Queer Themes Survived 'Don't Say Gay' Rules in Medieval EuropeQueer Themes Survived 'Don't Say Gay' Rules in Medieval Europe

Queer Themes Survived 'Don't Say Gay' Rules in Medieval Europe

Jessica Hines is a Visiting Assistand Professor English at Whitman College.


This article originally appeared in   on May 16, 2024.


Americans have been challenging books at an unprecedented rate. According to the American Library Association, people requested that more than 4,200 titles be removed from public and school libraries in 2023, the highest number in a single year since the ALA started tracking more than 20 years ago.


These challenges are compounded by new and proposed legislation in many states. Florida’s Parental Rights in Education Act, for example, prohibits schools from discussing sexual orientation or gender identity in many grades, while a 2022 Missouri law makes sharing “explicit sexual material” in schools a misdemeanor. Such mandates have led librarians to pull materials from shelves.


Material written by or about LGBTQ+ people is often at the heart of book challenges and legislation.


“More and more, we’re seeing challenges that say, simply, This book has a gay character, or, This book deals with L.G.B.T.Q. themes, even if it has no sexuality in it,” Deborah Caldwell-Stone, director of the ALA’s Office for Intellectual Freedom, told The New York Times in April 2024.


As a scholar of medieval literature and religion, I’ve been struck by the resonances between modern and medieval censorship of queer texts. Both have been shaped by a sort of “Don’t Say Gay” mindset: an assumption that even seeing or talking about LGBTQ+ themes poses a threat to children and society, regardless of how it’s done.


Learn more about the lives of medieval Europeans in this engaging MagellanTV documentary.


‘Unmentionable’ Acts

Starting around the 11th century, European theologians and writers classified homosexual desire and sex as “sodomy,” a moral sin. Unlike more modern definitions of sodomy, the medieval category was wide-ranging. It was particularly associated with sexual or gendered sins “against nature” and often known as the “crimen nefandum,” the unmentionable vice.


Theologians, preachers and authors of courtly guidebooks expressed outrage at people’s continued “discovery” of sodomy and stressed the importance of suppressing any and all mentions of “deviant” sexuality.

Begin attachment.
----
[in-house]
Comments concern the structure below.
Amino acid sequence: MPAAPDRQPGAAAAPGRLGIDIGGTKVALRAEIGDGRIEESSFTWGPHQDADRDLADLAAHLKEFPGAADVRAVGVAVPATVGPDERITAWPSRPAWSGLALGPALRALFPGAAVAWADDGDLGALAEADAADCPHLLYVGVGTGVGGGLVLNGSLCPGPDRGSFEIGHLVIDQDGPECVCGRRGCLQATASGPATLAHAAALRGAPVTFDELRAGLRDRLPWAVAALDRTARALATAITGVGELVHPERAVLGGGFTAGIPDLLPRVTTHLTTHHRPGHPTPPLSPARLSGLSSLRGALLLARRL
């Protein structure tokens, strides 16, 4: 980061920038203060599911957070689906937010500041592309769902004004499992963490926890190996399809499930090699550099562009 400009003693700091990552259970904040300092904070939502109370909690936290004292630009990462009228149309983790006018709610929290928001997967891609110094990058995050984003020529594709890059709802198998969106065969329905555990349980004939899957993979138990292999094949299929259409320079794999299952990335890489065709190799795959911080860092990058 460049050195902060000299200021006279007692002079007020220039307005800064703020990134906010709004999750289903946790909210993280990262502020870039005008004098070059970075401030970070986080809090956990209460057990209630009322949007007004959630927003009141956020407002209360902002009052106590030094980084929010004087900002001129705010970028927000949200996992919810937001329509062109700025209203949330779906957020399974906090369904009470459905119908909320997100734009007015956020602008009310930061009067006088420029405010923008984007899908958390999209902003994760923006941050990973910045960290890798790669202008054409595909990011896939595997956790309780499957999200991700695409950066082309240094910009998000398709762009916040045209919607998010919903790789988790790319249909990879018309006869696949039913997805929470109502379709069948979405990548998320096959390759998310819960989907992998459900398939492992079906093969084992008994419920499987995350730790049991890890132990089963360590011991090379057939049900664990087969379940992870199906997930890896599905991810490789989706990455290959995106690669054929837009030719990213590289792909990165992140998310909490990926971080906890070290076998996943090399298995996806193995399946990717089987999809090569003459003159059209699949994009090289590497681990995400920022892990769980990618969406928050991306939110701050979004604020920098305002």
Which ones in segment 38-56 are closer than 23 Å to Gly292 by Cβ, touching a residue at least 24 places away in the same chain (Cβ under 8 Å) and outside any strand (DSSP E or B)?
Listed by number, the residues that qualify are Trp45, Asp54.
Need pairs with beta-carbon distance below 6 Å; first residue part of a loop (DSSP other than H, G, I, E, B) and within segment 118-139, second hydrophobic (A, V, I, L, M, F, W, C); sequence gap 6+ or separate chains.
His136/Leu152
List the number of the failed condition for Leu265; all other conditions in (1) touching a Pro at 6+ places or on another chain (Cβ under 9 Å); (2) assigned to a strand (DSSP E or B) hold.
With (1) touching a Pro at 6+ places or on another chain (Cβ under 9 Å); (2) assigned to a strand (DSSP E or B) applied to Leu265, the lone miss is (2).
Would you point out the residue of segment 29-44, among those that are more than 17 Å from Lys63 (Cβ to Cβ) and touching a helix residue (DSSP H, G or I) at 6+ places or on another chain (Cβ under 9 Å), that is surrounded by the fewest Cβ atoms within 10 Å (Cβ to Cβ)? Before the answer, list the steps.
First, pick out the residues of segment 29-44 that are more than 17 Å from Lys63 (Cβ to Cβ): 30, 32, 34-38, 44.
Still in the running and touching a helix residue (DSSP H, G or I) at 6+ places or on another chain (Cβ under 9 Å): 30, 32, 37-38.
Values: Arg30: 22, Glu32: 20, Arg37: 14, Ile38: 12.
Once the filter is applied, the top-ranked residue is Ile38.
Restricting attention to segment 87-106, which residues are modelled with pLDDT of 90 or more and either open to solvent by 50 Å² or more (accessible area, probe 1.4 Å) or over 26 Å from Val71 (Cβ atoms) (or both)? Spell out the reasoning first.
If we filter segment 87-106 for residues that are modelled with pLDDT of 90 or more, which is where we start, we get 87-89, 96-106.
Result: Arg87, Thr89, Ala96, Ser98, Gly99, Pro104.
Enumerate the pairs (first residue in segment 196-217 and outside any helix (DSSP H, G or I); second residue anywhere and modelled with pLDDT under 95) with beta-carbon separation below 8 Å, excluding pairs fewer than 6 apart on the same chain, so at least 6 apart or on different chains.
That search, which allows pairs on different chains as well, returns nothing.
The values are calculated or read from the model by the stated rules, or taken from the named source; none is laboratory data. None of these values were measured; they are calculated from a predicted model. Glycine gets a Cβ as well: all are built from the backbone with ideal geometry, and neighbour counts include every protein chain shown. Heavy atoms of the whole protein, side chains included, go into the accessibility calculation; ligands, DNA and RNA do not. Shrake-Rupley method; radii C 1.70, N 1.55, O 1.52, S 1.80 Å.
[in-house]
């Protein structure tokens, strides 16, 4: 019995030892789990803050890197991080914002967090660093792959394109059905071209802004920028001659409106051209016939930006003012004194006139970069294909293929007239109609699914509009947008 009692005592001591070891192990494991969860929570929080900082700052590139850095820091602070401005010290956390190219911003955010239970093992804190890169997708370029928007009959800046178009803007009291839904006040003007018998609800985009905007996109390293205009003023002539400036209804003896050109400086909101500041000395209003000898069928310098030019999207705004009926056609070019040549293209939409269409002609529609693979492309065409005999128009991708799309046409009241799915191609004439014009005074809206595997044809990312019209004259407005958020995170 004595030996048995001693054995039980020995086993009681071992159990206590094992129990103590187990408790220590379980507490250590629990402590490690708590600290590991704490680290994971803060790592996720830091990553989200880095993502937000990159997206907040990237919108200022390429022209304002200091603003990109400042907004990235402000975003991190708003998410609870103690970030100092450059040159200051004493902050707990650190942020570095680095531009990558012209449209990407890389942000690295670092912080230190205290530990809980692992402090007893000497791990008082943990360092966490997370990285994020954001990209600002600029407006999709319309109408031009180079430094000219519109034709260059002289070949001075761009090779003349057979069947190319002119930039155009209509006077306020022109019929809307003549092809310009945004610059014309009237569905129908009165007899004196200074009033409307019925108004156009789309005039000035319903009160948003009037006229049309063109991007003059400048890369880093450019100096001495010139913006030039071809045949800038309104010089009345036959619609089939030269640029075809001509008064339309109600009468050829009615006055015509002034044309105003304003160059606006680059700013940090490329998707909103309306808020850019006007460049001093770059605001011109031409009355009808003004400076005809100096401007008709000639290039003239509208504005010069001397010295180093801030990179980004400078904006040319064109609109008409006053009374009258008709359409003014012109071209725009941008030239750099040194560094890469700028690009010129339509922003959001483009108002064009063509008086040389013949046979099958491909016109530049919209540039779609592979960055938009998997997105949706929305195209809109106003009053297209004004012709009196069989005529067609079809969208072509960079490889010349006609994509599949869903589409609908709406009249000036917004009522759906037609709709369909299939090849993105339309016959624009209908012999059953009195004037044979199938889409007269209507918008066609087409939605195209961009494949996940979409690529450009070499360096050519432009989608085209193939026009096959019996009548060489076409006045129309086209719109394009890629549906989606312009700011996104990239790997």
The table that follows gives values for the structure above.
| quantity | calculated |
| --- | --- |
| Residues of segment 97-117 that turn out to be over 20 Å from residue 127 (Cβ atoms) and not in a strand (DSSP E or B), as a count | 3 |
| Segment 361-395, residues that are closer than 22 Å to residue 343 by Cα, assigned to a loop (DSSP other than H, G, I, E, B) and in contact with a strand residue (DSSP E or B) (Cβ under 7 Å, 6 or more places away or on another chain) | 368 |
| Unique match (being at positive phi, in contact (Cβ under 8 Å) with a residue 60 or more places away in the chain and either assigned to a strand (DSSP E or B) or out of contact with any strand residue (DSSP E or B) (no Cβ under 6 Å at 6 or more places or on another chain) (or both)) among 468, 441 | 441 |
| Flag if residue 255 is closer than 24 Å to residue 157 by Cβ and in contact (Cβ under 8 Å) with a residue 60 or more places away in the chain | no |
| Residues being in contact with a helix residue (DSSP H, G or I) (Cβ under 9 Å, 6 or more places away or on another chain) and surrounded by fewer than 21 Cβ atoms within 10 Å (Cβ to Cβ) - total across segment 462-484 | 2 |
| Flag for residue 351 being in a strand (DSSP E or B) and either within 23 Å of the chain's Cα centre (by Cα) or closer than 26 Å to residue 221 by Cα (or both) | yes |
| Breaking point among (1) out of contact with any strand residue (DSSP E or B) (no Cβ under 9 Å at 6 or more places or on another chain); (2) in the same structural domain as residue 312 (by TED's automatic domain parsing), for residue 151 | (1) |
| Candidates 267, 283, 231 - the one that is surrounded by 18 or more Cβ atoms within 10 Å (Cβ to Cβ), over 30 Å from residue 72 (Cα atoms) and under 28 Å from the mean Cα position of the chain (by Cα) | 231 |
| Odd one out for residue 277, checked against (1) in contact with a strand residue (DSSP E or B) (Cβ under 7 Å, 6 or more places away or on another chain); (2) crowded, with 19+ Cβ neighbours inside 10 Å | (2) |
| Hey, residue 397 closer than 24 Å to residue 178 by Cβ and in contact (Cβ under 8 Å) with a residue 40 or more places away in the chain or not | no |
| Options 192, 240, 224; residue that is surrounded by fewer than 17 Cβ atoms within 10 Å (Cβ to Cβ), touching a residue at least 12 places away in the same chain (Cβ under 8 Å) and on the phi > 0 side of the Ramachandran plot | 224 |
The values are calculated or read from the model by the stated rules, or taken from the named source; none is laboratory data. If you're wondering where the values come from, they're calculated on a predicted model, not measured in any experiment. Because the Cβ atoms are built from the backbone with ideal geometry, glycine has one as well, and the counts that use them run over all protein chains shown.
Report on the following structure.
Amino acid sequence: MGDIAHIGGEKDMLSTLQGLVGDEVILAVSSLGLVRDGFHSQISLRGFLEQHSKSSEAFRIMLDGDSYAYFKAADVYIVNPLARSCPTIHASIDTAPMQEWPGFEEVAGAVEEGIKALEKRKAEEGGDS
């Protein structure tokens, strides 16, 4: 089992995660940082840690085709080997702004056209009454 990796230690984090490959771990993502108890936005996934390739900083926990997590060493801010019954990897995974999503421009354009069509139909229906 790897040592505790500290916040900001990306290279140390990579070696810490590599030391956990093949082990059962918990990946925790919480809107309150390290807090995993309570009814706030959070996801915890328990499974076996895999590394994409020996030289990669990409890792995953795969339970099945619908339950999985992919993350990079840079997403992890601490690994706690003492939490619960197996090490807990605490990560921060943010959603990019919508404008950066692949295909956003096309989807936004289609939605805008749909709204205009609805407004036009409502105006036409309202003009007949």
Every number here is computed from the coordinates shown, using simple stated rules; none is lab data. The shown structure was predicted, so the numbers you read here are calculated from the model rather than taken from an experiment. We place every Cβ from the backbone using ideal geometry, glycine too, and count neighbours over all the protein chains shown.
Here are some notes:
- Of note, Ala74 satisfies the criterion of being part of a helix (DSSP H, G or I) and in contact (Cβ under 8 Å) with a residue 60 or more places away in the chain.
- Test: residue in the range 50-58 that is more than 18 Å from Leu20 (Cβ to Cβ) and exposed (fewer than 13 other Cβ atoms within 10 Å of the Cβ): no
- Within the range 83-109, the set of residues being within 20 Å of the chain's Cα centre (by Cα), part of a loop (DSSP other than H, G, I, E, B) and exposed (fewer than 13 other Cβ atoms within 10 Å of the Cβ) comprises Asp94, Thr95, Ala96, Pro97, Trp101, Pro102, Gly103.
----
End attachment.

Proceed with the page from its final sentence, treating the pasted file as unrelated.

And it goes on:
This censorship was caught up in the sweeping clerical and episcopal reforms of the 11th and 12th centuries, although it extended far beyond. In these reform movements, sodomy was often represented as a threat to social stability because it upset gender hierarchies. Intimate relationships between male members of the clergy was thought to encourage corruption. Homosexual sex was seen as dangerous because it reversed strict gender expectations: passive sexual and social positions for women and active ones for men.


From Celebration to Silence

This fear of sodomy manifested in a silencing of homoerotic and homosexual material. Scholars debate the extent to which texts accused of being about “sodomy” were destroyed purely for its sexual content, because such charges were often used to justify destroying books authorities wanted to censor.


The more common and insidious form of censorship was erasure and modification, which took a variety of forms. In adapting and commenting on material from Greek and Roman history, medieval authors selectively chose not to include material describing homosexual intimacy and intercourse.

A medieval painting of people in courtly dress standing before a man on a throne, as another man and a woman kneels before him.

‘Bagoas Pleads on Behalf of Nabarzanes,’ a Persian commander, in a 15th century painting. Bagoas is depicted as a noble woman. (Source: Collection of the Getty Center, via Wikimedia Commons)


Histories of Alexander the Great transformed his eunuch lover Bagoas into a woman, Bagoe. Stories about queer relationships in the Roman poet Ovid’s “Metamorphoses” were reframed, turning romantic endings into cautionary tales.